It’s fascinating to watch the actor, Tatiana Maslany, play Sister Alice as straight as she can. There’s something very earthy and human about her character’s approach to the work she does: Unlike the typical bible-thumping TV evangelist, she all but shames a crippled congregant into rising up from his wheelchair and walking (with a lot of help from other believers) at her behest. She shares Perry’s adamant belief in Emily’s innocence — she simply relies on the Lord, not the law, to make things right.
I wonder where Paul Drake fits into the damn-the-torpedoes, full-speed-ahead approach to justice embraced by both Perry and Sister Alice. Perry is buoyed by evidence, including his partner Pete Strickland’s discovery that the killer cop Sgt. Ennis has been bribing, bullying, and shortcutting his way to the forefront of every investigation related to the Dodson case. Alice has her unflappable faith that God is speaking to her. Drake has something even more existential: his state of Blackness, which gives the white police free rein to run him and his wife and friends off a beach for no good reason other than racism. It’s this same culture of white supremacy that forced him to fudge his report on the Dodson kidnappers’ murder scene at Sgt. Ennis and Detective Holcomb’s behest.
One gets the sense from his bedtime conversation with his wife, Clara, that his tolerance for standing around and taking this kind of abuse from his white colleagues has been all but exhausted. If so, he could become a key player in the Dodson affair.
But I think the thing I’m most impressed by in this episode is the rapidity with which Perry makes the leap from private dick to attorney-at-law. There’s no prolonged, multi-episode arc. There’s not even a “Rocky”-style training montage. One minute he’s being introduced by Stella to the deputy district attorney who will coach him through the bar exam; the next minute he’s swearing his oath as an officer of the court.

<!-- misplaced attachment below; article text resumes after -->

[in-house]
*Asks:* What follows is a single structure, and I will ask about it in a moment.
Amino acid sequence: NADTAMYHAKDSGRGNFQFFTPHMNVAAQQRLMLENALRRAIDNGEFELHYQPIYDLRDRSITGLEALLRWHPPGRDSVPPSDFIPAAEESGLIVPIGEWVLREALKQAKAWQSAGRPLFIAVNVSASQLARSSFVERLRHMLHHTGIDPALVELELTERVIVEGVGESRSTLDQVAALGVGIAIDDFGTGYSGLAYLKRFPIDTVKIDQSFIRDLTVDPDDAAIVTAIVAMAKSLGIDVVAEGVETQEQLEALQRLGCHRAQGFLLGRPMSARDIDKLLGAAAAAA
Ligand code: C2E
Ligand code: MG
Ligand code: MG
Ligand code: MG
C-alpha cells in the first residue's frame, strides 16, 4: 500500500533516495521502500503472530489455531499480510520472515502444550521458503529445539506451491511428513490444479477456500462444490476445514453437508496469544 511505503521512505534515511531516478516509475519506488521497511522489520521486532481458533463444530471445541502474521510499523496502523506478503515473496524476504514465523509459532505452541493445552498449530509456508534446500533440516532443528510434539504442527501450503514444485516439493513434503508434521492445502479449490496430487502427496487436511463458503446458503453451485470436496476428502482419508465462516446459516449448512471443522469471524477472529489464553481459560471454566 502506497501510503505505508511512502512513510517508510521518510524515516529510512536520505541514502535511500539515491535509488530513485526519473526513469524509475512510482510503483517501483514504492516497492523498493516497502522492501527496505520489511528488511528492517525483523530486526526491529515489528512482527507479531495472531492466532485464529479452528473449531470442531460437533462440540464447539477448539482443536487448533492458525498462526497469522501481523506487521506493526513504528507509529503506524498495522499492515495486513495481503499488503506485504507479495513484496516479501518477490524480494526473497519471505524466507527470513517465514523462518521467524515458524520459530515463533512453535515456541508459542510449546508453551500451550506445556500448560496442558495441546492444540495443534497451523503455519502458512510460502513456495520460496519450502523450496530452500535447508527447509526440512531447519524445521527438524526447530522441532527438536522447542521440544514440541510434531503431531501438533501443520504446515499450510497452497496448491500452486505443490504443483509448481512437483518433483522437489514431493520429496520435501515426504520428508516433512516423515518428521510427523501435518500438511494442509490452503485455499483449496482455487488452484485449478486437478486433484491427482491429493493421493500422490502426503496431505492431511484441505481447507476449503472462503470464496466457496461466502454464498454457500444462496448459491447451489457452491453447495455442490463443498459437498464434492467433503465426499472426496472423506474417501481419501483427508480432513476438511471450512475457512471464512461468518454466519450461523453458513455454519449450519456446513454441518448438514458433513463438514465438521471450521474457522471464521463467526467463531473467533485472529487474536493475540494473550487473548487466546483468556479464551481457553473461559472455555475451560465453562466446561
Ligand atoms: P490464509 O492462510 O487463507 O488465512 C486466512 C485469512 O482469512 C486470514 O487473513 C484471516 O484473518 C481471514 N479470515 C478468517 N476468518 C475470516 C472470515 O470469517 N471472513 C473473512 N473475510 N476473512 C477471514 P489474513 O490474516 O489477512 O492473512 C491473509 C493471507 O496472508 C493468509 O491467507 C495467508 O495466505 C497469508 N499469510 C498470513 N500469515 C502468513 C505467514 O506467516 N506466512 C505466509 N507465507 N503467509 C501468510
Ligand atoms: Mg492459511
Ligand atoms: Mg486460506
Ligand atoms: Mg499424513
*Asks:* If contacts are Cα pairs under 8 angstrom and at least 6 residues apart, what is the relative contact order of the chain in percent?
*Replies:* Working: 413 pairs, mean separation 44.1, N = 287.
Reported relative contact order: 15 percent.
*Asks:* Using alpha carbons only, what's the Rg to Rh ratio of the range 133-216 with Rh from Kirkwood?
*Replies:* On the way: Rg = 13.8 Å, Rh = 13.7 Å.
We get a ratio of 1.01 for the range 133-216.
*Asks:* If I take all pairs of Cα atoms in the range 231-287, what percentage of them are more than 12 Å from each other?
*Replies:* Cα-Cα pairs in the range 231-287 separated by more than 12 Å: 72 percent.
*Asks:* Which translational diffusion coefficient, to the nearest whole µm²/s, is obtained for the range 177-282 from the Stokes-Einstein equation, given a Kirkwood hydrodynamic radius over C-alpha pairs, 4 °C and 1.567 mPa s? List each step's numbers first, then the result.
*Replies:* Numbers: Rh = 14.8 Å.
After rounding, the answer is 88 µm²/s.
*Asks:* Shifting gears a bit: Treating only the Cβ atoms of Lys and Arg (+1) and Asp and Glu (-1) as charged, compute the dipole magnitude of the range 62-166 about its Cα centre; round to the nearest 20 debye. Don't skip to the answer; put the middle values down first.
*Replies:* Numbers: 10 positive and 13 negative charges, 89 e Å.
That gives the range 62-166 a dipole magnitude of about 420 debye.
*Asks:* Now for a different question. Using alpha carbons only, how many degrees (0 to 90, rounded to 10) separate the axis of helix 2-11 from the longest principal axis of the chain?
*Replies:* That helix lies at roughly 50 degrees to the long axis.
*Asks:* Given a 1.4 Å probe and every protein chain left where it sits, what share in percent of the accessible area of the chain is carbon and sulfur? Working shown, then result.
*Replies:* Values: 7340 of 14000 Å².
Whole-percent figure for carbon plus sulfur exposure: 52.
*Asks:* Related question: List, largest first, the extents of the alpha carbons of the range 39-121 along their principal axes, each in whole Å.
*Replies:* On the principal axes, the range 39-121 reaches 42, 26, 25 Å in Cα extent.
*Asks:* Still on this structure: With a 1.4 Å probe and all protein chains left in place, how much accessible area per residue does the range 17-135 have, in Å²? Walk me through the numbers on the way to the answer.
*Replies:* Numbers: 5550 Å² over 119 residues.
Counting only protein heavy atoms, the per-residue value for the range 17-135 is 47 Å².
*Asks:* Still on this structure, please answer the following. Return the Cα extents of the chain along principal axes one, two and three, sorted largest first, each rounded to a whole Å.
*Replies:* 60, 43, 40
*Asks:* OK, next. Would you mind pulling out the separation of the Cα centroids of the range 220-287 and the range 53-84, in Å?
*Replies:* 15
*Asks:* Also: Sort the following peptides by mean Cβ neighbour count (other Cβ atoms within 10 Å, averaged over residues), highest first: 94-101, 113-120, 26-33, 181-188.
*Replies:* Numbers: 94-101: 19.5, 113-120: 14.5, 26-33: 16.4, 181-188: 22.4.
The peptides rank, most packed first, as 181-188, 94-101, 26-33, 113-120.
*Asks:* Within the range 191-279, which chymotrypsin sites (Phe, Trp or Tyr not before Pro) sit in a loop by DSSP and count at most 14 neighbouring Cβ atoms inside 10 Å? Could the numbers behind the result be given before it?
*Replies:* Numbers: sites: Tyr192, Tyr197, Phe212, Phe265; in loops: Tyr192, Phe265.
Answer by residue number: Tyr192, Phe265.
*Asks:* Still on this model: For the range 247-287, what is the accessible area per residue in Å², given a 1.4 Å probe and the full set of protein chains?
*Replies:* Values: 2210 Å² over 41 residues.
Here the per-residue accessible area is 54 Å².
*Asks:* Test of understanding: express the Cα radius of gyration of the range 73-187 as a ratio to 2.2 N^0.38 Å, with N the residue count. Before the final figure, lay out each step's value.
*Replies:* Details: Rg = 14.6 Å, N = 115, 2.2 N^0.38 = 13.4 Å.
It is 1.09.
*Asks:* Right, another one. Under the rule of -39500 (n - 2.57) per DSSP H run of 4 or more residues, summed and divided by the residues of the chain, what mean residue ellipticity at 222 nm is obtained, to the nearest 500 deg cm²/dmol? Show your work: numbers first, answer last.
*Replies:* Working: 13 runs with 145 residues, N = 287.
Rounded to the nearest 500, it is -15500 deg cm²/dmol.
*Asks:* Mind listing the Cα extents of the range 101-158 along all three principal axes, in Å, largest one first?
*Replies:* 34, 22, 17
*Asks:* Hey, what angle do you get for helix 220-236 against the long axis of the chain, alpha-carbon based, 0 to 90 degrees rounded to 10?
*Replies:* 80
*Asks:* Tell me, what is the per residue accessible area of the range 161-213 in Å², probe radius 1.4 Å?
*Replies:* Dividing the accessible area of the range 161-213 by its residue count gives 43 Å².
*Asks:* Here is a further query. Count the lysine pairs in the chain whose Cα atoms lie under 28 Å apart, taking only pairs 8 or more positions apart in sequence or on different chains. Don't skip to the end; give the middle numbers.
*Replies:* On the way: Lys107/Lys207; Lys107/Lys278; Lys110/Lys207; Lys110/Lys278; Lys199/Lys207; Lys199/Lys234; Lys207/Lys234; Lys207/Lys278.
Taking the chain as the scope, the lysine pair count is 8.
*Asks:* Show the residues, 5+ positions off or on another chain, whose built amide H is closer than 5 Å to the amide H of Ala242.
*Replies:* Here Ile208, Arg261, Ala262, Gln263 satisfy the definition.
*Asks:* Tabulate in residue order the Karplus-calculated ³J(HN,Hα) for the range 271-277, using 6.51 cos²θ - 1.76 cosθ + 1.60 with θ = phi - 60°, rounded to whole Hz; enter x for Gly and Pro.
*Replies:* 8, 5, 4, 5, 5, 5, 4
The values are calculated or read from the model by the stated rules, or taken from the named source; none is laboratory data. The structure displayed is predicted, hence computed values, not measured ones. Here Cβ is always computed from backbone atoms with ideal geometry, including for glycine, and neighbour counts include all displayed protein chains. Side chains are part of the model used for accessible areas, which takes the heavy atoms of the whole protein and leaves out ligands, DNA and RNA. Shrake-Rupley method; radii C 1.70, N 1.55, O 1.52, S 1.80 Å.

And for Perry, the stakes are personal as well as legal. In this episode he pays a visit to his ex-wife, Linda — played by Gretchen Mol, an alumnus of “Boardwalk Empire” like her castmate Shea Whigham, and a sign of just how deep a bench of actors “Perry Mason” has. She is justifiably skeptical of his overtures to her and their son.
Will that change when he becomes something other than, to borrow Della’s words, a cynical and slothful private eye? Will the Dodson case mark a new beginning — provided, of course, that Perry is successful in defending his very first client?
From the case files:
Between Perry’s ex-wife, Linda, and Paul’s wife, Clara, there’s a surfeit of “long-suffering wife” characters who are quick to shoot holes in the aspirations of the men to whom they’ve been betrothed; that’s a thankless role, and in both cases I hope the show winds up doing more than the bare minimum.
It’s delightful to watch Della outfox the public defender assigned to Emily’s case following E.B.’s death, who is basically a double agent for the prosecution; Juliet Rylance is an attentive and active actor, and it’s a pleasure to see her undermine her slow-witted enemies.
For all its high jinks, “Perry Mason” is still, ultimately, a show about a murdered infant, and Emily and Sister Alice’s visit to Charlie’s tiny grave site brings that home — and also emphasizes Sister Alice’s promise to literally do the impossible and bring the baby back to life. Isn’t there something cruel about that promise, even if the woman making it believes she can pull it off?